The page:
Peter Bregman, in Coping with Email Overload, acknowledges the problem of how bad the ‘email habit’ can get:
I’ve come to the conclusion that I use email to distract myself. Whenever I feel the least bit uneasy, I check my email. Stuck while writing an article? Bored on a phone call? Standing in an elevator, frustrated in a meeting, anxious about an interaction? Might as well check email. It’s an ever-present, easy-access way to avoid my feelings of discomfort. […]
But it’s become a serious problem. When we don’t control our email habit, we are controlled by it. Everyone I know complains about email overload.
Email pours in, with no break to its flow. And like addicts, we check it incessantly, drawing ourselves away from meetings, conversations, personal time, or whatever is right in front of us.
But it’s not just the abundance of email that’s our problem — it’s the inefficiency in how we deal with it. Each time we check our email on the fly, we lose time pulling out our phones, loading the email, reading new emails without taking action on them, and re-reading those to which we haven’t yet responded. Then, back at our computers, we re-read them again.
Thankfully, I’m not gravely affected by the problem of email overload. Sure, every now and then I accumulate a bit of a backlog of emails that need a response (as for keeping up with the Inbox flow I tend to be up-to-date all the time, especially with incoming mail on my three main accounts), but never with emails that need an urgent action on my part. Replying to normal or low priority emails is usually an activity I leave for late at night, after working all day. But if work has been particularly merciless and has sucked up all my attention and energies, I might be too tired to handle emails at the end of the day, so I postpone the task to the next day.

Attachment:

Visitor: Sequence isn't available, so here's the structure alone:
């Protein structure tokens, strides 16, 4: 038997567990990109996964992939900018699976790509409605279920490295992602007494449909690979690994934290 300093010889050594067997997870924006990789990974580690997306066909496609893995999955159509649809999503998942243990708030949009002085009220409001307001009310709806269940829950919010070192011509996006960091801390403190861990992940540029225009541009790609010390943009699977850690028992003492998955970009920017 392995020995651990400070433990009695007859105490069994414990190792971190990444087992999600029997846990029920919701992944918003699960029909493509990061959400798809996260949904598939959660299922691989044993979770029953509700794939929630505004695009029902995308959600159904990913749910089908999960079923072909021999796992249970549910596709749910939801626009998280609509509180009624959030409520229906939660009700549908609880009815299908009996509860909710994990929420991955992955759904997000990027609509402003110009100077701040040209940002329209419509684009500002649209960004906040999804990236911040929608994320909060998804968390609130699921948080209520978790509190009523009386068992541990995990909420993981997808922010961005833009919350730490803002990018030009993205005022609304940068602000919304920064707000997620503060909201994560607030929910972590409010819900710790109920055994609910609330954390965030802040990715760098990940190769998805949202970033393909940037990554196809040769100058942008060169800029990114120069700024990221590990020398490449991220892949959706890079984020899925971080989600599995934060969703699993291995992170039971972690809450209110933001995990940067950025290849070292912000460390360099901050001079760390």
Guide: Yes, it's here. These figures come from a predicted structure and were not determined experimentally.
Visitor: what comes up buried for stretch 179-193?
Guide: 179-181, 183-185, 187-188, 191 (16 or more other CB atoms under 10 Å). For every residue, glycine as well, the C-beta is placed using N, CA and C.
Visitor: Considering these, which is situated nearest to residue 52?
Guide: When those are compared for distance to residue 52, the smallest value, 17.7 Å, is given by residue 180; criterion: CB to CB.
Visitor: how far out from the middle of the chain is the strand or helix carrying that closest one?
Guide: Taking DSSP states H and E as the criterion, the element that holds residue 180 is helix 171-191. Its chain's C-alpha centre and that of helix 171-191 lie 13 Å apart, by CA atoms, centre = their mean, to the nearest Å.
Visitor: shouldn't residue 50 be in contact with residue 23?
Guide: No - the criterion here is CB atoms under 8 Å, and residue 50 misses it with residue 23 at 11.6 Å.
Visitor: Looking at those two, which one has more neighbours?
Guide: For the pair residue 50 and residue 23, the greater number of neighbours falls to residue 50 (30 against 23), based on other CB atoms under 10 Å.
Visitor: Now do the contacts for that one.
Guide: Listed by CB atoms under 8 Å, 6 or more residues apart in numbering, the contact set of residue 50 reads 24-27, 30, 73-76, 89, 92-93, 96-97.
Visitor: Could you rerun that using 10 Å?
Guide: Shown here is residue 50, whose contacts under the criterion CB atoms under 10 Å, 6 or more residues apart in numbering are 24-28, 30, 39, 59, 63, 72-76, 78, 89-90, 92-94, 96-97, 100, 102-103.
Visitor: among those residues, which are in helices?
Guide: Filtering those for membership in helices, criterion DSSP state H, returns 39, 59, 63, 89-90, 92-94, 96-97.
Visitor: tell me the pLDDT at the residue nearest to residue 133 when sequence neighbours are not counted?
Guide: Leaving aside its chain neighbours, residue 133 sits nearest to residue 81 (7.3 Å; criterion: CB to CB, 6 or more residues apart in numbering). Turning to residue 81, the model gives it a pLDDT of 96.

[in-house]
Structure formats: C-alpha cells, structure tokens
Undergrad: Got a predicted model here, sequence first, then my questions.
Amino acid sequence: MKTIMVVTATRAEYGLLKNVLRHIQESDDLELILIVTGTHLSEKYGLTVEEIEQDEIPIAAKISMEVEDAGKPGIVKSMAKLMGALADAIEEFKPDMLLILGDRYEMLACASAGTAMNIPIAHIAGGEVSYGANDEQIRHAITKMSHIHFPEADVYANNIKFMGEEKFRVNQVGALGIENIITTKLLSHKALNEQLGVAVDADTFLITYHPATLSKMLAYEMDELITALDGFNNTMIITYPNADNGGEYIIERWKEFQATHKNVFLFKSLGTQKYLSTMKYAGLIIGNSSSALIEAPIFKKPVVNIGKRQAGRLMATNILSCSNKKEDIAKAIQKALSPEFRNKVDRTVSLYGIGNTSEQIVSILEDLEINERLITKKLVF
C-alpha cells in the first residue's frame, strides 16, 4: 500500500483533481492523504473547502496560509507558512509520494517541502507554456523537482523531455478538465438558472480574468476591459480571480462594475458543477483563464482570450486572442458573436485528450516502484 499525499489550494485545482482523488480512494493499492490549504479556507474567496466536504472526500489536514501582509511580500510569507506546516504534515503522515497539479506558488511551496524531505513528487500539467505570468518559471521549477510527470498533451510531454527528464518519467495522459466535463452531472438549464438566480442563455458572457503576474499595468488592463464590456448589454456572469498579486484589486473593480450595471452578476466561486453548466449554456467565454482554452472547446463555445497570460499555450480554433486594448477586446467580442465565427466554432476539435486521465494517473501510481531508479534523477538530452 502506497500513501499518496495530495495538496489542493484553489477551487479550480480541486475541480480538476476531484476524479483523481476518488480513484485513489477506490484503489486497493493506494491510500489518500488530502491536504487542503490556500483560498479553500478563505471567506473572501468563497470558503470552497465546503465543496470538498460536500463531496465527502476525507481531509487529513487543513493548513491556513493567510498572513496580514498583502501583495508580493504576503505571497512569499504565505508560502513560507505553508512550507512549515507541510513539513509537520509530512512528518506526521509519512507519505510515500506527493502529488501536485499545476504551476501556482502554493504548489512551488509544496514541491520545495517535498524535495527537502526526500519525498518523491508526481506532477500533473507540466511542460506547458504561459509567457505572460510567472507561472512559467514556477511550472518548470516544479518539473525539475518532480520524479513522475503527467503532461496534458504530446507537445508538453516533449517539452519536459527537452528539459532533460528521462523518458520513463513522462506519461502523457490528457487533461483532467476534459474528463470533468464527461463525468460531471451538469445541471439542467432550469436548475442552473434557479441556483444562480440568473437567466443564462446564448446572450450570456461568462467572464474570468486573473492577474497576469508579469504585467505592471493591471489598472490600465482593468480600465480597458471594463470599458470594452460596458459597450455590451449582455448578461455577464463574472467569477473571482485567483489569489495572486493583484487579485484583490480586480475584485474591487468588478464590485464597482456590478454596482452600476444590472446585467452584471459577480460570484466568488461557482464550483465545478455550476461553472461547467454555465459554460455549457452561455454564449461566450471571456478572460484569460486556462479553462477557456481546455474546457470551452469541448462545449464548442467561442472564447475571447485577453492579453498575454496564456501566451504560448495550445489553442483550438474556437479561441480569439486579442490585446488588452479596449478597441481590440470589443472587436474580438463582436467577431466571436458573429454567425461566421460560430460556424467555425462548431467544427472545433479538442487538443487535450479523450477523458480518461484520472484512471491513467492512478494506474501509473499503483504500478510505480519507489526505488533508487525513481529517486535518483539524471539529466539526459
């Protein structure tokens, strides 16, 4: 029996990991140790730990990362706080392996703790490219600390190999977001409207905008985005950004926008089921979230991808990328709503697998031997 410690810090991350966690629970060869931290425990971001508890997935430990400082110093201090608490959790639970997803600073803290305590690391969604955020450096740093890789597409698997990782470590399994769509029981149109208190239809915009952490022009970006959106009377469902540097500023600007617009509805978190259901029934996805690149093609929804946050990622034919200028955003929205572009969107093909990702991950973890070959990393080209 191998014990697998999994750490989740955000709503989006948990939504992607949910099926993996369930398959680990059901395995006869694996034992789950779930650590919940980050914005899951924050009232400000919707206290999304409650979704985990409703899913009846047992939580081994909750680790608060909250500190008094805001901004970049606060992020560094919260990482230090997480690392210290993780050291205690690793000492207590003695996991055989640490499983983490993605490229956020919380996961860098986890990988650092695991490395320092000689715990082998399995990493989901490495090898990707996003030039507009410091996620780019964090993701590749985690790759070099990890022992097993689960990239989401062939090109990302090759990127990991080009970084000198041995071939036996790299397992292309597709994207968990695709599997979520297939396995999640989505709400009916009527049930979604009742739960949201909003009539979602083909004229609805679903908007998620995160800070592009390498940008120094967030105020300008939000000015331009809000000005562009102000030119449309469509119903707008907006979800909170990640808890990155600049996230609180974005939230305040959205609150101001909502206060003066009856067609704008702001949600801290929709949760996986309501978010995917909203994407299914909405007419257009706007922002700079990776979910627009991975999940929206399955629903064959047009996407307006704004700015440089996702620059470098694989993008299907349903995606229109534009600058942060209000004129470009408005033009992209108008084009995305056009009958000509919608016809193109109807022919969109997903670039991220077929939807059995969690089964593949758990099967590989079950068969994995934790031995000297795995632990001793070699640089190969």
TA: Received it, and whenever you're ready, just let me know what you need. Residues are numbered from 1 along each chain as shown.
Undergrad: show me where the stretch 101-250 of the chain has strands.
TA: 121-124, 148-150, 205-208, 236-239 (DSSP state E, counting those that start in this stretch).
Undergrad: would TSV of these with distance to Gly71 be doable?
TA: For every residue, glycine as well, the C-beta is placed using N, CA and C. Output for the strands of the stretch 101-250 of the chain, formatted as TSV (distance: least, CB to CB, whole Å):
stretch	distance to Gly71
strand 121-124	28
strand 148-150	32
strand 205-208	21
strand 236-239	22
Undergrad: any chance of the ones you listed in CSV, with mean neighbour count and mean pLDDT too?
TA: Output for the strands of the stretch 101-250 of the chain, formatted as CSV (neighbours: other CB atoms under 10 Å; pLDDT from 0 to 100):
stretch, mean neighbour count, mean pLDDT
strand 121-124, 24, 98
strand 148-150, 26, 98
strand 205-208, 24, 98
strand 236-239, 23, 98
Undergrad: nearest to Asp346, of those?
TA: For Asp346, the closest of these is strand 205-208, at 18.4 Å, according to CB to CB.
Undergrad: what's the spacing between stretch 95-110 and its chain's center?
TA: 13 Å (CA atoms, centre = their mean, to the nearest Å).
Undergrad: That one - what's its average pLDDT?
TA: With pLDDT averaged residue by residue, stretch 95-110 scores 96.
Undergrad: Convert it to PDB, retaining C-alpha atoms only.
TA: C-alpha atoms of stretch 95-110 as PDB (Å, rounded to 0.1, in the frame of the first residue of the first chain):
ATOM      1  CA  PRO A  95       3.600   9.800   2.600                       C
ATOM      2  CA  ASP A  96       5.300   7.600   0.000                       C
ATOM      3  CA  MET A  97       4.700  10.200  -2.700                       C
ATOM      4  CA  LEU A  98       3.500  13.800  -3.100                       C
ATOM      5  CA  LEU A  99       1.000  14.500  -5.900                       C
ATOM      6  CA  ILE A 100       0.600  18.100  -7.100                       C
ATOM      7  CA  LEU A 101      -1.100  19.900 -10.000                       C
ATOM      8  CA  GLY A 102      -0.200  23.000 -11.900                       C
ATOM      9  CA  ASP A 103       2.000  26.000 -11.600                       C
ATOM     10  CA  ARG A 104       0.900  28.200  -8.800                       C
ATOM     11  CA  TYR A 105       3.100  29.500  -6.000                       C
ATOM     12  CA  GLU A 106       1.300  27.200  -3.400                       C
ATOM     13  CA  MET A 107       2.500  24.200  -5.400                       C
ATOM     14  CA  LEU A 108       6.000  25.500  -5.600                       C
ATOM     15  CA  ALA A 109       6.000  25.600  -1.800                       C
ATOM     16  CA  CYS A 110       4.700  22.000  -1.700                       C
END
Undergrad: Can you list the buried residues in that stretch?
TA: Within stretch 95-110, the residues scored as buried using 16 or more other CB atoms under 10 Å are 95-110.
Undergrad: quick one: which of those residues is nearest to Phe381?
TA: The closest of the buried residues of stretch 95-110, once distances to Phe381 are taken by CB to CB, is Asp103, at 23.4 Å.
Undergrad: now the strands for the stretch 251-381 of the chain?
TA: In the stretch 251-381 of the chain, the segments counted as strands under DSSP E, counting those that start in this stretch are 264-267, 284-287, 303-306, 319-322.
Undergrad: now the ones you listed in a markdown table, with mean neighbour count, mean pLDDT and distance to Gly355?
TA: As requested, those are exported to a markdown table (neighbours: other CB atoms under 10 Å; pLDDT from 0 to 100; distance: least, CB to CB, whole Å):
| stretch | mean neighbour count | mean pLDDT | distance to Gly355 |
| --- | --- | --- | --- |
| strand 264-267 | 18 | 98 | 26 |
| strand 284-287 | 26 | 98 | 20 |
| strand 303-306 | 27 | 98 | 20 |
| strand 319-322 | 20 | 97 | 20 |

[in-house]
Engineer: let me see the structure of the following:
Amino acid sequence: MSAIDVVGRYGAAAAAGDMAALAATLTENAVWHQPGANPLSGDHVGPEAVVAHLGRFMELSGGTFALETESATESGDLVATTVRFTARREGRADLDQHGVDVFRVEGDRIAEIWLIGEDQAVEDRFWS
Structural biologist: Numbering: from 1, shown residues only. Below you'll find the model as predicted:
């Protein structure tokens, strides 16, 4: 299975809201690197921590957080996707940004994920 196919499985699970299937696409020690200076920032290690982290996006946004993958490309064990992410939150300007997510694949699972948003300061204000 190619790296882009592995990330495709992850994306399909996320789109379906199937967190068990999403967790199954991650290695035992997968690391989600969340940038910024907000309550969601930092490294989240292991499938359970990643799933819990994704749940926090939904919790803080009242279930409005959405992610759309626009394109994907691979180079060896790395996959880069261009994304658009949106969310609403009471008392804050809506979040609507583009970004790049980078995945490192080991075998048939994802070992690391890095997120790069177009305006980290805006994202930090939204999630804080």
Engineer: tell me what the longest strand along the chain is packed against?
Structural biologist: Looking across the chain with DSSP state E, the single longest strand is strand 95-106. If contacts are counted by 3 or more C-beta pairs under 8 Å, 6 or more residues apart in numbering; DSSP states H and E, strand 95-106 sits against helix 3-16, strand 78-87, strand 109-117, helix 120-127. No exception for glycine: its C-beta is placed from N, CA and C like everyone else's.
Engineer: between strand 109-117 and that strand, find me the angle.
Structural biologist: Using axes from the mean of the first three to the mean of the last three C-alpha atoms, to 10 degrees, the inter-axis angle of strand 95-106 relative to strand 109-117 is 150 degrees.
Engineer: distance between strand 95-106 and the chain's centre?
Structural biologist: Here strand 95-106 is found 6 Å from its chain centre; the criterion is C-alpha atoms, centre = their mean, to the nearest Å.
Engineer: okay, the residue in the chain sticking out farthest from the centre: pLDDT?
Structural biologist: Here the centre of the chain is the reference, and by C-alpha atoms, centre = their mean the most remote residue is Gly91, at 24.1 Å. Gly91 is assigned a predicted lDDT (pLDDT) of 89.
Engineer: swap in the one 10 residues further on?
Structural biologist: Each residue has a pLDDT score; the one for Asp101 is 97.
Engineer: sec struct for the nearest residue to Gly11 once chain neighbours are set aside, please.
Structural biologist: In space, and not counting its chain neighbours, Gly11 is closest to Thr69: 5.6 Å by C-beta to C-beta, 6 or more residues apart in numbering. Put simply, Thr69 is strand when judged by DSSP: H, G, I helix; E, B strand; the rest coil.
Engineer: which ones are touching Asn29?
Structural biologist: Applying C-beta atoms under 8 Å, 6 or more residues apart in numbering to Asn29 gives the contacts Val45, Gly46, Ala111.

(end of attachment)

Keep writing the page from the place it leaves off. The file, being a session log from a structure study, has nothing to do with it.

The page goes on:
By the way, I don’t think this is an inefficient method: all my daily activities are organised more by priority than type, and I generally process low priority emails in a reasonable time. There are, admittedly, some exceptions (long delays in getting back to a sender), but I never, ever ignore an email. And, more importantly, I always reply even when the answer to some request is ‘No’ or ‘Sorry, I can’t help you’, unlike many other people who too often use email silence as a subtle way to tell you ‘Don’t bother me’, ‘No way’, ‘Leave me alone’.
For those who can’t manage the constant flow of incoming emails, however, and often find themselves resorting to the ‘Mark All Read’ command, Bregman gives sound advice:
Instead of checking email continuously and from multiple devices, schedule specific email time during the day while you are at your computer. All other time is email vacation time.
We are most efficient when we answer email in bulk at our computers. We move faster, can access files when we need them, and link more quickly and easily to other programs like our calendars. Also, when we sit down for the express purpose of doing emails, we have our email heads on. We are more focused, more driven, wasting no time in transition from one activity to another.
I bulk process my email three times a day in 30-minute increments, once in the morning, once mid-day, and once before shutting down my computer for the day. I use a timer and when it beeps, I close my email program.
Outside my designated email times I don’t access my email — from any device — until my next scheduled email session. I no longer use my phone for email unless I’m away from my computer all day.
When the urge to check arises — and it arises often — I take a deep breath and feel whatever feelings come up. And then I focus on whatever I’m doing, even if what I’m doing is waiting. I let my mind relax.
Here’s what I’ve found: I don’t miss a thing.
I think it’s a good approach because it both deals with when/how to process emails, and with the stress related to the bad habit of checking emails compulsively.
(Via Shawn Blanc)Tags: English